Forming a Community of Practice
A community of practice (CoP) is a group of people who regularly get together on a voluntary basis to collectively learn and share knowledge about a domain of interest. Throughout my life I’ve built and seen many CoPs running successfully. If I look back, probably the first CoP I was involved in was a forum where we discussed and lived rock music.
The formal definition of CoP is quite generic and unopinionated. I’ve seen CoPs being implemented in different ways, sometimes not even referred or known as CoP (examples I’ve seen are collectives, working groups, community of interests, chapters and so on).
In this post, I’ll outline the main principles behind building and running CoP in an engineering organization. The ideas discussed below are covered in detail in the Building Successful Communities of Practice book by Emily Webber. It is a very concise book (only 80 pages!) with lots of practical tips. Highly recommend to read if you are about to start a CoP.
The most successful CoPs I’ve seen were born organically, by a group of people identifying the gaps in a particular problem space within the company or being extremely motivated for learning collectively.
A successful CoP requires full commitment of its members.
Often CoP initiatives start with a single leader (not necessarily from leadership/management line) who sees an opportunity and proactively reaches out relevant people about the potential. The common pattern I’ve observed is that the need of CoPs usually raise in companies without specialized teams/people for specific domains of problems. This, in my opinion, is due to the fact that without explicit organization support, specialization develops into problems for teams and individuals, since it requires dedicated investment. Often it becomes less of a priority for the teams/companies whose primary goal is not that particular problem.
To summarize, few benefits of CoPs are:
- Increases the bus factor of the organization (breaking knowledge silos)
- Accelerates learning experience of individuals
- Motivates people to share knowledge, build and advocate better practices
- Reduces cognitive load of individuals who would typically be responsible for the problem space if not for the CoP
- Provides consistency of practice within the organization.
Building a CoP
Building a CoP is like building any other “collective entity” (e.g. a team). Simon Senek’s Golden Circle theory states that to achieve success you need to understand the why, the how and the what. For CoP to function, you need to find out the answers to these questions:
- What is the vision of our CoP?
- How will we work together towards our vision?
- What will we do together to succeed?
Without clear purpose the chances that CoP will fail are very high. In most of the cases people start thinking about CoP since they already identified the opportunity, so the purpose at this stage might be more or less clear. However, agreeing on purpose collectively will put the CoP on a strong foundation from the very beginning. This can be achieved by having a kick-off workshop with interested people and coming up with a format which will allow everyone to contribute to the process and decision.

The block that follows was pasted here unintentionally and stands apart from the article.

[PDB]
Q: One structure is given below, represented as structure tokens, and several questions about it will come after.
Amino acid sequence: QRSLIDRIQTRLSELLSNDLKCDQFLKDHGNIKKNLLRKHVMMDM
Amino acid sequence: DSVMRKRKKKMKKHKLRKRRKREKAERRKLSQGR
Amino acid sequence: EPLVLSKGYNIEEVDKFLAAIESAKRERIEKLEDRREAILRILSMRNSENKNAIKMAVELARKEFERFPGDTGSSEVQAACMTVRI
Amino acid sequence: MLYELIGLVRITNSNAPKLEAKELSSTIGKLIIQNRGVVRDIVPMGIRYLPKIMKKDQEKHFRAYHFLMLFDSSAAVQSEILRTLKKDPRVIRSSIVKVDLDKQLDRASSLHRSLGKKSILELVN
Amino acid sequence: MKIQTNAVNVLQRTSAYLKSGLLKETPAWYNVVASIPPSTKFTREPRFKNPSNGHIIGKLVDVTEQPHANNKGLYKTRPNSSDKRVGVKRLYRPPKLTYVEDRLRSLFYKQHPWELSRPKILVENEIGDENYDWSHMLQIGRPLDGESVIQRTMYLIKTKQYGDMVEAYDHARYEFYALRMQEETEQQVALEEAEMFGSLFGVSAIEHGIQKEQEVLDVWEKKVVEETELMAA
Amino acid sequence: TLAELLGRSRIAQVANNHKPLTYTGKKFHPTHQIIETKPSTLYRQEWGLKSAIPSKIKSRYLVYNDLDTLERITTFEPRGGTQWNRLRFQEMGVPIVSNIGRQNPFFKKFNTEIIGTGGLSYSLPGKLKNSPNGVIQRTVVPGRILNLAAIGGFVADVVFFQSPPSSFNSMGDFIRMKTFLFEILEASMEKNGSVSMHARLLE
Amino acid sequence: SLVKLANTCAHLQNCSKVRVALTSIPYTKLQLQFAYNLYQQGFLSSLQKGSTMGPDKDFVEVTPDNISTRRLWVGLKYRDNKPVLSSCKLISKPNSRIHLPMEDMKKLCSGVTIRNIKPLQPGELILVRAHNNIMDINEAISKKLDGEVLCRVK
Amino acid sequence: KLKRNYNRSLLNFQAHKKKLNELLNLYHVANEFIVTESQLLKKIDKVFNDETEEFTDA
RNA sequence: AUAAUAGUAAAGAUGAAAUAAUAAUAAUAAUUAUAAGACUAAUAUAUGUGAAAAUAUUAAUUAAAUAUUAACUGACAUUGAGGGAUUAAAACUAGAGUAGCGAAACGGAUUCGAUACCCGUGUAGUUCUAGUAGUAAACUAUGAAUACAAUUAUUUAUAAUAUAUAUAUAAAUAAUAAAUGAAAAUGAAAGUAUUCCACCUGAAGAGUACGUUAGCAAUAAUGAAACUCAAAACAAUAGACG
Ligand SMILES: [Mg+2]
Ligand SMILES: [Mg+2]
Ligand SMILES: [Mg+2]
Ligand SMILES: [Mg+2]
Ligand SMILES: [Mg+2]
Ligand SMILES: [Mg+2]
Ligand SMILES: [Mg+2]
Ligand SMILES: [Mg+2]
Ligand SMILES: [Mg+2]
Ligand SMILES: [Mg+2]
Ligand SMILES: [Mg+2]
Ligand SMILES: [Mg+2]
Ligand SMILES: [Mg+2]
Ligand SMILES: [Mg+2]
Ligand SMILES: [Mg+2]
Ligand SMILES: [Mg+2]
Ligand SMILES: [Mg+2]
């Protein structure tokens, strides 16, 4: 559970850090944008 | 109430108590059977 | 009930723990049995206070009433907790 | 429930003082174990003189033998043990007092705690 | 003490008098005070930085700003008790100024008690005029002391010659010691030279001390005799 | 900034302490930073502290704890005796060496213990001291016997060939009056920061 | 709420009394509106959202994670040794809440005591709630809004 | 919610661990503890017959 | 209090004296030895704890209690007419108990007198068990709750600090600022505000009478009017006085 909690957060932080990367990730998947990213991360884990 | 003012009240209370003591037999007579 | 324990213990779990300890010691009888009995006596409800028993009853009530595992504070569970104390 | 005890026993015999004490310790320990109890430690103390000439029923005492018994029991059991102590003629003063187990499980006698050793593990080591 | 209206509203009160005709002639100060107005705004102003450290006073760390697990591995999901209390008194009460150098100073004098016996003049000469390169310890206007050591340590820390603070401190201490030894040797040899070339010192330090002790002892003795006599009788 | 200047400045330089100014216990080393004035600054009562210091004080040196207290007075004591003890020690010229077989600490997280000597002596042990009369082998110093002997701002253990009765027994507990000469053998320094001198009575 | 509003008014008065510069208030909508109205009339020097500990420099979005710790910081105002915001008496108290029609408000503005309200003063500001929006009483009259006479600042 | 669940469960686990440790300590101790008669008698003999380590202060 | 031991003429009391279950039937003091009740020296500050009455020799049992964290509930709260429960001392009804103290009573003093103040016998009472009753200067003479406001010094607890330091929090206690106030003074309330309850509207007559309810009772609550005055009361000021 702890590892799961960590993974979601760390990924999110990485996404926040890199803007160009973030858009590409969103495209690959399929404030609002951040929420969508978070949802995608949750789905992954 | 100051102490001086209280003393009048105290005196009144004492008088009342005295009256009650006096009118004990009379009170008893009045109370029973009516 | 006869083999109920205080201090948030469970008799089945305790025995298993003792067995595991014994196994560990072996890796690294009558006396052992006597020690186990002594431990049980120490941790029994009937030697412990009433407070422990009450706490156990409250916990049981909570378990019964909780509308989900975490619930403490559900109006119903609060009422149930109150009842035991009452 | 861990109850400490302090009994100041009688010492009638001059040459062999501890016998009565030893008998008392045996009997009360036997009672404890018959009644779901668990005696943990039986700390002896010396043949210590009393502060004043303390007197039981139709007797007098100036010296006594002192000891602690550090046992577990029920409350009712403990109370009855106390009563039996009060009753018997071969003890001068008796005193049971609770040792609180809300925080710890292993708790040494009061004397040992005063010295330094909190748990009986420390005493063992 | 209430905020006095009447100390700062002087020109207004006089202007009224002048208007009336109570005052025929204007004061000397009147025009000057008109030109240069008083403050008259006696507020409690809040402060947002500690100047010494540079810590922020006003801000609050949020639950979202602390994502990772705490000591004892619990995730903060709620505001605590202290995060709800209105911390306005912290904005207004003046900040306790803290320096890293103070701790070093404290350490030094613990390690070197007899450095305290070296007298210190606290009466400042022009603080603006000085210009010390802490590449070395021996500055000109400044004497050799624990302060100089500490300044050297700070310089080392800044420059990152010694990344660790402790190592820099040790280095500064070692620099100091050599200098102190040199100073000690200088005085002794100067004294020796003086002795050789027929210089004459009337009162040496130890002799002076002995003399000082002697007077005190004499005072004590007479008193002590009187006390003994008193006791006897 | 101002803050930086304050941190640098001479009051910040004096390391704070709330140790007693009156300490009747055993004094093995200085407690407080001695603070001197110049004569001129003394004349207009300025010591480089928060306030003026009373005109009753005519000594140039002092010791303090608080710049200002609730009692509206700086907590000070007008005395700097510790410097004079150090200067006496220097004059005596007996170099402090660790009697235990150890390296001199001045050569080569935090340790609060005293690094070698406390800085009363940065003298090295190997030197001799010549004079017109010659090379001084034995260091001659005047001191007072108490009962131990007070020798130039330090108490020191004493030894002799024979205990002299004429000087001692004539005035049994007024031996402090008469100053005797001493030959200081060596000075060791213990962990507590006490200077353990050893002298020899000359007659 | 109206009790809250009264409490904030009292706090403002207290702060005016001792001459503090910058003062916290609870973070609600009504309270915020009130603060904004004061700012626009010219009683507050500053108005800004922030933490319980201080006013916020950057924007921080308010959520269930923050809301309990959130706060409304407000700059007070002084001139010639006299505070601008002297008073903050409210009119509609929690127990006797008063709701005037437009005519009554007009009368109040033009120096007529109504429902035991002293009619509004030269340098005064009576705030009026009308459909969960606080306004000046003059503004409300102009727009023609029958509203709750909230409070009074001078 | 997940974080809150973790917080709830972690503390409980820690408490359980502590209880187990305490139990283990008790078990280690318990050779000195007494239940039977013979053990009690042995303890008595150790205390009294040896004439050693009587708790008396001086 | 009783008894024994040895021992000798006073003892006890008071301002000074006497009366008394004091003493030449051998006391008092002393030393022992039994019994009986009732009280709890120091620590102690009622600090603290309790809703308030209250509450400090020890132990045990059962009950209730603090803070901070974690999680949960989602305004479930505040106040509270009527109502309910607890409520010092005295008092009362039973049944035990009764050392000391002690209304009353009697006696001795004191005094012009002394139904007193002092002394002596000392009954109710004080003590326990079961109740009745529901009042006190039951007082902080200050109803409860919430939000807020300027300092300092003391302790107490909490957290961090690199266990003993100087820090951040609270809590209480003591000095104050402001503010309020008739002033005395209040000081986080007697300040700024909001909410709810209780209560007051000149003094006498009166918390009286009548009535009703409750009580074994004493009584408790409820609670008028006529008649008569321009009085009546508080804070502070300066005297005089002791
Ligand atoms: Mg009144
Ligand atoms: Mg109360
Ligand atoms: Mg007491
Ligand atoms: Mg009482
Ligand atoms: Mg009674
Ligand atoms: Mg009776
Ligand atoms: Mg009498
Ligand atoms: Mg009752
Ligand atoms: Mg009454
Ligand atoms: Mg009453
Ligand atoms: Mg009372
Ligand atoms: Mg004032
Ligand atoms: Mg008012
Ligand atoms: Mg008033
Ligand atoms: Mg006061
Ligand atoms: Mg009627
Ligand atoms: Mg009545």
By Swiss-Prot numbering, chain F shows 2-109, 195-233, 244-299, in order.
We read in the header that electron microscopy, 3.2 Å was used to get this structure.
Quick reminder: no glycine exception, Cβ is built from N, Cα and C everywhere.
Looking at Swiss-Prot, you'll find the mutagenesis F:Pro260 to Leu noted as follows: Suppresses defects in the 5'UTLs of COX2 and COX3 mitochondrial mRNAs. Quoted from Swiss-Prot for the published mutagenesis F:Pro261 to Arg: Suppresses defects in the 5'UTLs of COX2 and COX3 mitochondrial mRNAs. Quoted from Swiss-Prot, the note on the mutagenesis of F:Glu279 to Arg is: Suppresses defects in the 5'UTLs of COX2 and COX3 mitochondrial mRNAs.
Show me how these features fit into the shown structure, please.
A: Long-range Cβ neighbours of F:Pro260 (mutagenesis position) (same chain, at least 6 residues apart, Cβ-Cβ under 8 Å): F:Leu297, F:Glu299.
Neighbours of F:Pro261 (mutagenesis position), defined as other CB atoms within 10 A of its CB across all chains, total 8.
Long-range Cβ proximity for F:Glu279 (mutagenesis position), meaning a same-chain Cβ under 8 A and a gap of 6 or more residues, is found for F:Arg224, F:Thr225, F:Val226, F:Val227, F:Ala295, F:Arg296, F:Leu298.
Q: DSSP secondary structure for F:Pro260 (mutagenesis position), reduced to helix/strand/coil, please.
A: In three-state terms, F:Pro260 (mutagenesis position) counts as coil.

Things to keep in mind:
- When purpose is aspirational, CoP might not be an optimal solution.
- Purpose has its lifetime. Something that is relevant now, might not be tomorrow.
- If you don’t believe in purpose, better to stop now.
Purpose answers the why part, vision is for what. As with purpose, it is better to come up with a collective exercise to agree on vision.
Things to keep in mind:
- If you don’t know where you go, you won’t get there. Vision is your compass.
- Vision establishes boundaries and is pre-requisite for operating principles.
Mission and goals
Once you have established the purpose(why) and vision(what), you know where you want to go. Mission statement and clear goals are essential for knowing how to get there.
Things to keep in mind:
- You don’t need to go SMART. Aspirational goals are just as fine, sometimes even better.
- Review the mission and goals frequently, simple “temprature checks” in a regular meetup is sufficient.
While how you operate a CoP depends a lot on your environment, the general questions you want to have answers to are:
- How often do you want to meet?
- How do you distribute the work among its members?
- How do you make decisions?
- How do you communicate back to the rest of organization?
- What are your ground rules?
Lifetime of a CoP
Closing a CoP is as important as building it. If you have a well established vision and mission, the chance that sooner or later you won’t need a CoP is high. Thus thinking about closing a CoP will help to run it successfully during its lifetime.
I’m not suggesting that below mentioned points need to be absolutely avoided, however I’ve observed many times how they have been a contributing factor to the unhealthy CoP. Here are my top three:
- While a single leader may start a CoP, ideally you want to have core members of CoP who would lead the community. Lack of collective leadership is a bad sign.
- The work generated by CoP should not come as an extra work on top of members day-to-day responsibilities.
- Without support in the organizational level CoPs suffer a lot. You need to get a buy-in from whoever you need to ensure the safety of members and trust within the CoP.